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The Power of SMED

Written by Jason Gledhill, Engagement Leader at LI Europe.



Spring feels like it has finally sprung, and we can (hopefully) finally say goodbye to the cold weather has seen lots of cold, frosty mornings and in some instance snow.

Invariably the snowy and frosty weather results in a later than expected departure for our journey to work, due to having to spend a couple of minutes each morning having to de-ice the car windows.

So, how can we ensure that next winter we arrive at work at the same time as usual on frosty mornings? We could maybe set the alarm clock to go off a little earlier, drive a little faster (which I wouldn’t advice) or employ some of the tactics we might use in a SMED program.

 SMED, or Single Minute Exchange of Dies, is a technique that was developed to speed up press tool changeovers but is equally applicable to a whole range of manufacturing processes not just change-overs, and can also be employed in everyday life.

The SMED philosophy is based on reducing plant downtime through the standardisation of changeover / start up methods.

This will include the understanding of both internal and external elements to your lost potential time.


Internal Time = A task that needs to be done during plant downtime.

External Time = A task that can be done pre- or post-plant downtime.


If used correctly SMED can dramatically reduce change-over times. From a business perspective this reduction in change-over times helps reduce the need to carry excessive amounts of finished goods which in turn helps improve profitability.

If we followed the SMED philosophy for cold and frosty mornings, we would invariably realise that we need to streamline external activities, namely the scraping of ice from windows.

We could employ a number of methods, some of which might include

  • The use of de-icer (don’t forget to factor the time required to retrieve the de-icer spay and coat the windows)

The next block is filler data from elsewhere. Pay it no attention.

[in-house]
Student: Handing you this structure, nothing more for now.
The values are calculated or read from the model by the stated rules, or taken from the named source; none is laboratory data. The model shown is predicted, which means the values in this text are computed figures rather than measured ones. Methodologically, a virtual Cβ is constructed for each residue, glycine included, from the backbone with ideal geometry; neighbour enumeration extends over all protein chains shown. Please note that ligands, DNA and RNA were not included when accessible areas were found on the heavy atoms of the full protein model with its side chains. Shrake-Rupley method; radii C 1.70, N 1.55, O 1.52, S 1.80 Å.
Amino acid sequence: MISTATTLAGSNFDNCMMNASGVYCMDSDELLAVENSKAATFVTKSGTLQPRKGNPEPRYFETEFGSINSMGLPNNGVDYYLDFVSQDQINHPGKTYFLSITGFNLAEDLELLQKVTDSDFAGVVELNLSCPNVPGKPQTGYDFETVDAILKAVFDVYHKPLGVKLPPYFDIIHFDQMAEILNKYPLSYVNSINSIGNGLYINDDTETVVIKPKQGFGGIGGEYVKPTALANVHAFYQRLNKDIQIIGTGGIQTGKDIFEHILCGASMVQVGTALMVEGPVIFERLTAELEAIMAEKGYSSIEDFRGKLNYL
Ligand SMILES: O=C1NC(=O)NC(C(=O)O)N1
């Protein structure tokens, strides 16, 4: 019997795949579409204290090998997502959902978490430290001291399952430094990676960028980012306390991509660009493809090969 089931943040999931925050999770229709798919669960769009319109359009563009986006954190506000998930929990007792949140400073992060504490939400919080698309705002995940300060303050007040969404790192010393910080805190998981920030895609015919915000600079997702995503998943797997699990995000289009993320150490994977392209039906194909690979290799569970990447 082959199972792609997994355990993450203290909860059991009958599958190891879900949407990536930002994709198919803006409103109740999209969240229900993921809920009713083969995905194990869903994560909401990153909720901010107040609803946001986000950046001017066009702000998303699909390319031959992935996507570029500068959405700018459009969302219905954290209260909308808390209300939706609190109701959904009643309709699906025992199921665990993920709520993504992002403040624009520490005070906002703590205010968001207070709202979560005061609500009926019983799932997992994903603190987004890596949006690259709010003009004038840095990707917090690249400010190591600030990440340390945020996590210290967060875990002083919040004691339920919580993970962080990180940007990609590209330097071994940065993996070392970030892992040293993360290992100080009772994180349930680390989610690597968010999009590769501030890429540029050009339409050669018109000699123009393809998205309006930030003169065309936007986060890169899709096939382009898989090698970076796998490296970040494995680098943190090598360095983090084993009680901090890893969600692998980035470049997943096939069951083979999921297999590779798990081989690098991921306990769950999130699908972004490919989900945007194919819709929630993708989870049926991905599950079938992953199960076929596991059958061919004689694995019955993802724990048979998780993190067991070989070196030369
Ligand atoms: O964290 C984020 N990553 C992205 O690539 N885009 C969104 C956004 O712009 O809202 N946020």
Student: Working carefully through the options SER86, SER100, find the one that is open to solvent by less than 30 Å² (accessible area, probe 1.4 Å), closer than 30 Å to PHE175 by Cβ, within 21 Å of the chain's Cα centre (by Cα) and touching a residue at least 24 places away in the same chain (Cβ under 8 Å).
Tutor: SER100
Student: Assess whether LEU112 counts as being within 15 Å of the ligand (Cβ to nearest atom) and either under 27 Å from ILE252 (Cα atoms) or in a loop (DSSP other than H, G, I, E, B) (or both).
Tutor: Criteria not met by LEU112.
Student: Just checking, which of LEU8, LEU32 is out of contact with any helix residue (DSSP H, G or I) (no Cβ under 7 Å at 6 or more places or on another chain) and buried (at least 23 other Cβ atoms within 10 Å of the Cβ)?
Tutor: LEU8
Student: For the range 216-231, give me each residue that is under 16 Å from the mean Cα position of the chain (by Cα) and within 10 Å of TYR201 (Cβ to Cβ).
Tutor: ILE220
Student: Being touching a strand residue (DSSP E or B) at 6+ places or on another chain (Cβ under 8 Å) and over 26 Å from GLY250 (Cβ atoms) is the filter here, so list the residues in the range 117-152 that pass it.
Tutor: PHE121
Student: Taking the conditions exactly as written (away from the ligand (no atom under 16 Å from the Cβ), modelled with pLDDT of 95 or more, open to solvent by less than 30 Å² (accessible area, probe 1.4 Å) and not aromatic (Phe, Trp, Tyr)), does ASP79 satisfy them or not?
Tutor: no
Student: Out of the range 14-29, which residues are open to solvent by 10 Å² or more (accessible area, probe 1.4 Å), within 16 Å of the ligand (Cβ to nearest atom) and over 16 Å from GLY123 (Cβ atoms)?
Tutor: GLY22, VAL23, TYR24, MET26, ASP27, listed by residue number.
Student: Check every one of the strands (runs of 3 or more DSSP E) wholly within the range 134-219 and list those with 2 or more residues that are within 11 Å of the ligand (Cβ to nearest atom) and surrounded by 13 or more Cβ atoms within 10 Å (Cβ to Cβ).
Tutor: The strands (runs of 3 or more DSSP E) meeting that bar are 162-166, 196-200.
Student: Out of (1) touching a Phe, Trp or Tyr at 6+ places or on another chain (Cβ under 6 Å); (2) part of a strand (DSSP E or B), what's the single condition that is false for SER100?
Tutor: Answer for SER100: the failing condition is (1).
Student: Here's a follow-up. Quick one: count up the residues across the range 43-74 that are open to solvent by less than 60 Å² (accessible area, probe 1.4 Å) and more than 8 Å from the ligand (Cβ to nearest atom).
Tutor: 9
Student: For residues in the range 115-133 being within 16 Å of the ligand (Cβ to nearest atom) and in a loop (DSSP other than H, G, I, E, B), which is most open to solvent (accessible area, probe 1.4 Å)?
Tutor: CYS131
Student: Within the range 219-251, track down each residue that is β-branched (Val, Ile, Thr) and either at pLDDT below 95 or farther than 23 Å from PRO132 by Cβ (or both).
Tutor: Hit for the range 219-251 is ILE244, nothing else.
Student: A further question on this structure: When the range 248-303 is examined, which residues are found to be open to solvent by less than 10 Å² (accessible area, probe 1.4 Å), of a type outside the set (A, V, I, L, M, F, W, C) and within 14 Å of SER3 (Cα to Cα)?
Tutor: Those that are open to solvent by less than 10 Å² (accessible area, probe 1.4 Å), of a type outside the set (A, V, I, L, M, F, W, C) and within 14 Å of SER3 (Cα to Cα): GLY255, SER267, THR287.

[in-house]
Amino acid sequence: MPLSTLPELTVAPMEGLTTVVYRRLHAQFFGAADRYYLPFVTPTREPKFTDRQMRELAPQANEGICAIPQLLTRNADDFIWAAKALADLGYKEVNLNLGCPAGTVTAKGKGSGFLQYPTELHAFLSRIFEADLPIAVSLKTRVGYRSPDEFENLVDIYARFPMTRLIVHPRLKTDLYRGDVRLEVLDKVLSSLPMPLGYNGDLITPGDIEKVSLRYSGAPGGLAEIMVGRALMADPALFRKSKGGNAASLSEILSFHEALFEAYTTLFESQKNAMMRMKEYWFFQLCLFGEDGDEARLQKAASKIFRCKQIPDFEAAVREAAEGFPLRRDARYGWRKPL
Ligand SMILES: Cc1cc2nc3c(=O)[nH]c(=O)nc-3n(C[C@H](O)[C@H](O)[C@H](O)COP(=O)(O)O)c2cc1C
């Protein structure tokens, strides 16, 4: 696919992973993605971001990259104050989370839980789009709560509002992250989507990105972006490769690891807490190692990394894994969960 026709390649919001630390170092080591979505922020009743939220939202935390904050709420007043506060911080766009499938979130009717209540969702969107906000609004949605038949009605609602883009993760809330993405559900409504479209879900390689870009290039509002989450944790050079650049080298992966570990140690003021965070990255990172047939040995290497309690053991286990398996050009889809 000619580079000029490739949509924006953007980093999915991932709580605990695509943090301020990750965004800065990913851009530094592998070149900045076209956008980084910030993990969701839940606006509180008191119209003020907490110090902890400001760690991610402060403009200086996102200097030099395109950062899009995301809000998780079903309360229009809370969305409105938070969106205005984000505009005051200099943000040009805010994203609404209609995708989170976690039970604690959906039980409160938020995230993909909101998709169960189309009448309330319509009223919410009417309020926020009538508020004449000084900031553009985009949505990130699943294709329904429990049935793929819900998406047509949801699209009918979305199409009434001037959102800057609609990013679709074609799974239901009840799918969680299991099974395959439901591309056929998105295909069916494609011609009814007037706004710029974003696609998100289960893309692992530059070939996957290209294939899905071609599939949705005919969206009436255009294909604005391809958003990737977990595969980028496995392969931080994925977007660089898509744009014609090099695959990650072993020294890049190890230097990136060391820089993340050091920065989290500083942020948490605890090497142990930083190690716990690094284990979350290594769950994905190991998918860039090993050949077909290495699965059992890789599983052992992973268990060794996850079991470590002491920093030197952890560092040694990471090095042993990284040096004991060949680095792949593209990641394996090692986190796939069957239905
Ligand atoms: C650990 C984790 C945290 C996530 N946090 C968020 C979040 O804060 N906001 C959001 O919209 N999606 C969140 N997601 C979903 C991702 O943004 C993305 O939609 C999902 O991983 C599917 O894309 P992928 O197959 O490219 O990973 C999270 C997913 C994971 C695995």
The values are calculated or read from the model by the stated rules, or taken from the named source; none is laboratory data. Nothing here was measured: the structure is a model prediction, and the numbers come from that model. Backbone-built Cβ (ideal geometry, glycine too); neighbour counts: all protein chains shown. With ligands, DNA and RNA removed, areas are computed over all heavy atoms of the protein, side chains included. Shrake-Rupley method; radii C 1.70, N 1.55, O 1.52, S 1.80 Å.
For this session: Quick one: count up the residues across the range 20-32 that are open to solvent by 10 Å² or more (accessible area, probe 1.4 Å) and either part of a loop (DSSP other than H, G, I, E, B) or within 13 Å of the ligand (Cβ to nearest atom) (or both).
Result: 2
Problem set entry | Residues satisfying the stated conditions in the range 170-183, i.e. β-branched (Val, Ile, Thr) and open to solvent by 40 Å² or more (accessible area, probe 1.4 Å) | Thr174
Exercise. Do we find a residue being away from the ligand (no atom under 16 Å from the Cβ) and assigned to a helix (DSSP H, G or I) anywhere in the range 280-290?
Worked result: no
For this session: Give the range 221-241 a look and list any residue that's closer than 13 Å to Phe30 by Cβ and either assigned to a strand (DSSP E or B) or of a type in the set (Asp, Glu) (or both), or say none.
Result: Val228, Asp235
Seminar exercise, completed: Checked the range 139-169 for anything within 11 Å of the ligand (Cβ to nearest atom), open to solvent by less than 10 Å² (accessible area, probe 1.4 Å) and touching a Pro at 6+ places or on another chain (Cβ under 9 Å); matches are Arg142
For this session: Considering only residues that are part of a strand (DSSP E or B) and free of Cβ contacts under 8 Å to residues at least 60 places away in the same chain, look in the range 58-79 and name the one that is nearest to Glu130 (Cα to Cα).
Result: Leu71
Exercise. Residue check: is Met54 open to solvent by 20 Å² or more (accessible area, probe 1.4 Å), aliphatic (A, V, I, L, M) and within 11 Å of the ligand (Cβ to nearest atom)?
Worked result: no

• Maybe pour some tepid water on the windscreen (make sure the water isn’t too warm or your windscreen may crack, and factor the time to retrieve and return the tepid water container to its place or origin)
  • Cover the car with a sheet the night before to ensure frost doesn’t settle on the windows




Traditionally SMED spends a lot of time on moving internal activities to external activities, however due to the nature and size of the machinery in FMCG, moving internal activities to external activities, although important, doesn’t tend to deliver a huge amount of benefit.

As a general rule, the majority of the activities in the FMCG sector tend to be focused around step 5, streamline external activities. Frequently on FMCG change-overs the most amount of time lost is around the clean-down, CIP or allergen wash.

Moving internals to externals tends to be cost inhibitive in many instances, whilst improving external activities costs very little money and can deliver a greater reduction in lost time.

If you want to find out more about SMED or other improvement activities that can deliver an improvement to your organisations bottom line contact LI-Europe https://li-europe.com/contact/

Alternatively, if you want to access over 25+ years of Operational Excellence experience, have a look at the FMCG Academy https://www.fmcgacademy.org/

Hopefully, your business is already employing Operational Excellence tools, so maybe you just want to understand how close your organisation is to excellence, have a look at our free mini diagnostic tool https://form.jotform.com/200726120409444

Testimonials

It must be said that the concept of change management which LI were asked to bring in was a very big ‘ask’. Their work on the floor was very beneficial to change management. LI try to problem solve by using the workforce. This has to be done tactfully. They achieved it. They had the respect of the people on the floor and the management which is a major credit.

Peter Barnett, CFO, KR Castlemaine

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Supply Chain Director, Asia Pacific, major Multinational Food & Beverage Company